Why the Pentagon Gets So Much Money So Easily

The five-sided puzzle palace on the Potomac is about to be flooded with new money

W.J. Astore

Over at Foreign Policy, there’s a good article on how the Pentagon gets so much money so easily.  Basically, the Pentagon complains about lack of “readiness” for war, and Congress caves.  But as the article’s author, Gordon Adams, notes, most of the boost in spending goes not to training and maintenance and other readiness issues but to expensive new weaponry:

But the big bucks, according to the Pentagon’s own briefing, will go into conventional military equipment. That means more F-35s and F-18s than planned, a new presidential helicopter, Navy surveillance planes and destroyers, Marine helicopters, space launch rockets, tank modifications, another Army multipurpose vehicle, and a joint tactical vehicle the Army, Marines, and Air Force can all use. Basically, the services will soon have shiny new hardware.

With its $160+ billion budgetary boost over the next two years, the U.S. military will soon have many more shiny toys, which pleases Congress (jobs) and of course the military-industrial complex (higher and higher profits).

All of this is par for the Pentagon course, yet there are other, cultural and societal, reasons why the Pentagon is winning all the budgetary battles at home.  Here are seven key reasons:

  1. The heroes narrative. Collectively and individually, U.S. troops have been branded as heroes. And who is churlish and ungenerous enough to underfund America’s heroes?
  2. Military weaponry has been rebranded as being all about our “safety” and “security.” With spillover into the Homeland, and even America’s classrooms (think about how guns for teachers are now being equated with safety for America’s children).
  3. Defense contractors increasingly influence (and even own) the media, ensuring “journalists” like Brian Williams will wax poetically about the inspiring beauty of weapons. Rarely do you hear sustained criticism from the mainstream media about wasteful spending at the Pentagon.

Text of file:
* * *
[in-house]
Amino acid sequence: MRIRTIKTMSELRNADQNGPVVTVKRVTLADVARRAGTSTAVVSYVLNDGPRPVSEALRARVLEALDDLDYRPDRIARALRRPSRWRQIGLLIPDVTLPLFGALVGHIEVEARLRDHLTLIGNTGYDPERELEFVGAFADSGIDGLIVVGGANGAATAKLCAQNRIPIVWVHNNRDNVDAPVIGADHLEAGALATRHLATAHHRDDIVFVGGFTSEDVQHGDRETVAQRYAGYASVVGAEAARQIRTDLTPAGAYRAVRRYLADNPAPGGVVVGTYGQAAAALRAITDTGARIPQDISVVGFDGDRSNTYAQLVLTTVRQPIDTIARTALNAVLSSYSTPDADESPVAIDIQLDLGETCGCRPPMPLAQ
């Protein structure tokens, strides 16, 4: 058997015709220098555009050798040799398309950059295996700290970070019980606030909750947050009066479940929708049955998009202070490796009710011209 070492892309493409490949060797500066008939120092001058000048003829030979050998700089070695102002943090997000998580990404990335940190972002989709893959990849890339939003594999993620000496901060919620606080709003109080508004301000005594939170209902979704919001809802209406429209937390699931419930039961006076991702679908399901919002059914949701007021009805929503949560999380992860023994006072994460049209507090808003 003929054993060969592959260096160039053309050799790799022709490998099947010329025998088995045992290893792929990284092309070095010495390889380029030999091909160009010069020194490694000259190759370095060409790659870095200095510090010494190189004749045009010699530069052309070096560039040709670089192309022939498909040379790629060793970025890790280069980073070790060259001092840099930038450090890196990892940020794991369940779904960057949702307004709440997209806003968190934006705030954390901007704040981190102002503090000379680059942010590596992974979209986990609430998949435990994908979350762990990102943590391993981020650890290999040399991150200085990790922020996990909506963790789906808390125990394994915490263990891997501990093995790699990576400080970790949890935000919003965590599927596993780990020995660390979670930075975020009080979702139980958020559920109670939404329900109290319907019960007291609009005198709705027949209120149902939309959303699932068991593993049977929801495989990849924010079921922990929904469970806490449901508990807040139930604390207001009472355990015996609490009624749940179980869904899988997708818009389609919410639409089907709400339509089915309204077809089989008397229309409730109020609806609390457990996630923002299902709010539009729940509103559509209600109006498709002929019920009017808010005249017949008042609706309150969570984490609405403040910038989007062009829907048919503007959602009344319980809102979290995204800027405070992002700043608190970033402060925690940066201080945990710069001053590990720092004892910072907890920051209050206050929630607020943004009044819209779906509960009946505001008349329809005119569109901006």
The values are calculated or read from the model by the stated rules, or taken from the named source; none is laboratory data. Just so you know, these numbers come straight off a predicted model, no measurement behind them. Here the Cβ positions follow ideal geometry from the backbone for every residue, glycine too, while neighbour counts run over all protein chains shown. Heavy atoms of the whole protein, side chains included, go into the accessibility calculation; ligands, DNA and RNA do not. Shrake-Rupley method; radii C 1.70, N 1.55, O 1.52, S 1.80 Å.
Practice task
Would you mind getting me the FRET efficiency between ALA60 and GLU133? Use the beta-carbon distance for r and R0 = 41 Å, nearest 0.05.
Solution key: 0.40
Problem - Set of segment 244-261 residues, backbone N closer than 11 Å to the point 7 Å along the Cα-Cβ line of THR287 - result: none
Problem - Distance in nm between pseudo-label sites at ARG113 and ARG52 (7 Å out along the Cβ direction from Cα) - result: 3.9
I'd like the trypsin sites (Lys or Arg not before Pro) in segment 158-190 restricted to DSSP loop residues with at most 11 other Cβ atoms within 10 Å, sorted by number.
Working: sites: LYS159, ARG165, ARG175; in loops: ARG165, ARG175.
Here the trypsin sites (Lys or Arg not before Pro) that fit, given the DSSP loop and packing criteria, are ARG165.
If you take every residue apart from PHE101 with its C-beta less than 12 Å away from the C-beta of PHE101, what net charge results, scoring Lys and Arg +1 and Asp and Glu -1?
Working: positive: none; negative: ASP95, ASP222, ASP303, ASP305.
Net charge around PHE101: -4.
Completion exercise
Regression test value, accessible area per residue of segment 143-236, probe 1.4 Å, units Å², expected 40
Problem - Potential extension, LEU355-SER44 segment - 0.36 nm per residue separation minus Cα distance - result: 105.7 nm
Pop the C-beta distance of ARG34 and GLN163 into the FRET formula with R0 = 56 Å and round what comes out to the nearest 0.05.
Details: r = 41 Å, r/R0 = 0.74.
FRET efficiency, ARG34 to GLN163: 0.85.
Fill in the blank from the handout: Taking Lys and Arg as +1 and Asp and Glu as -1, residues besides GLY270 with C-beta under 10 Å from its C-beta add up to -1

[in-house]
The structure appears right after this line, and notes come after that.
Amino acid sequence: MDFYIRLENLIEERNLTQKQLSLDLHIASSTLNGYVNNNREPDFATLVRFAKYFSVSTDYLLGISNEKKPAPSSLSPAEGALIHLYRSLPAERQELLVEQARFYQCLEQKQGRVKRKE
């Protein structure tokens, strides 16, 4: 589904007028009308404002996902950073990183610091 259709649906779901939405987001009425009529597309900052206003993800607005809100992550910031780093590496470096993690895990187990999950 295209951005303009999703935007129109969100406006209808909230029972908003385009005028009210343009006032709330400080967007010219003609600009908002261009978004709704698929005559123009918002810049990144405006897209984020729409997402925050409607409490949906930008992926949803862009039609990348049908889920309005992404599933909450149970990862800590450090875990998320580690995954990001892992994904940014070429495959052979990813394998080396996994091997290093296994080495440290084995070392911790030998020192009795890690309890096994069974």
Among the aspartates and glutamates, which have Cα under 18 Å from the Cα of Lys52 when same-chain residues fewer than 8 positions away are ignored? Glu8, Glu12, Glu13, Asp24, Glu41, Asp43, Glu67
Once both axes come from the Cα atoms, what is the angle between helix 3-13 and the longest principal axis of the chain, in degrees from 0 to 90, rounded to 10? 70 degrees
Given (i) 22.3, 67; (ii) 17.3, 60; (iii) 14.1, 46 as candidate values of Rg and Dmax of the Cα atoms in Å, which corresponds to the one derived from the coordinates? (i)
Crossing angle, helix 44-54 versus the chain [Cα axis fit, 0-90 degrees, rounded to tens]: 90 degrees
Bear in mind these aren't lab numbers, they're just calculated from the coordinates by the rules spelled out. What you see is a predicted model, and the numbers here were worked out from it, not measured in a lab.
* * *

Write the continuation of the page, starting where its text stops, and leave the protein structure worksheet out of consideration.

4. At the same time, the mainstream media relies on “retired” senior military officers for analysis and commentary. Some of these men have links to defense contractors, and all of them are loath to criticize the military.  They are, in a word, conflicted.
  5. Throughout U.S. popular culture, military hardware is portrayed as desirable and “cool.” Think of all the superhero movies featuring jet fighters and other military hardware, or all the jets and helicopters flying over sports stadiums across the USA.  For that matter, think of all the video games that focus on war and weaponry.
  6. Related to (5) is a collective fantasy of power based on violence in war. Most Americans are powerless when it comes to politics and decision-making.  Here is where our “beautiful” weapons can serve as potent symbols for a largely impotent people.
  7. Finally, the ever-present climate of fear: fear of terrorists, immigrants, missiles from North Korea, Russian nukes, and so forth, even as the real killers in the USA (opioid abuse, vehicle accidents, shootings, bad or no healthcare, poor diets, climate-change-driven catastrophes, and of course diseases, some of which are preventable) are downplayed.

Defense spending used to be examined closely, with many programs exposed as wasteful.  This was common in the aftermath of the Vietnam War in the 1970s and early 1980s – remember Senator William Proxmire and his Golden Fleece awards?  Now, it seems there’s no such thing as wasteful spending.  It’s a remarkable change of narrative representing an amazing success story for the military-industrial complex.

It will take more than cutting the Pentagon’s budget to effect change.  America needs to change its mindset, an ethos in which weapons, even wars, are equated with safety and security and potency, and even occasionally with entertainment and fun.

In sum, the Pentagon is doing what it’s always done: issuing demands for more and more money.  It’s up to us (and Congress) to say “no.”

10 thoughts on “Why the Pentagon Gets So Much Money So Easily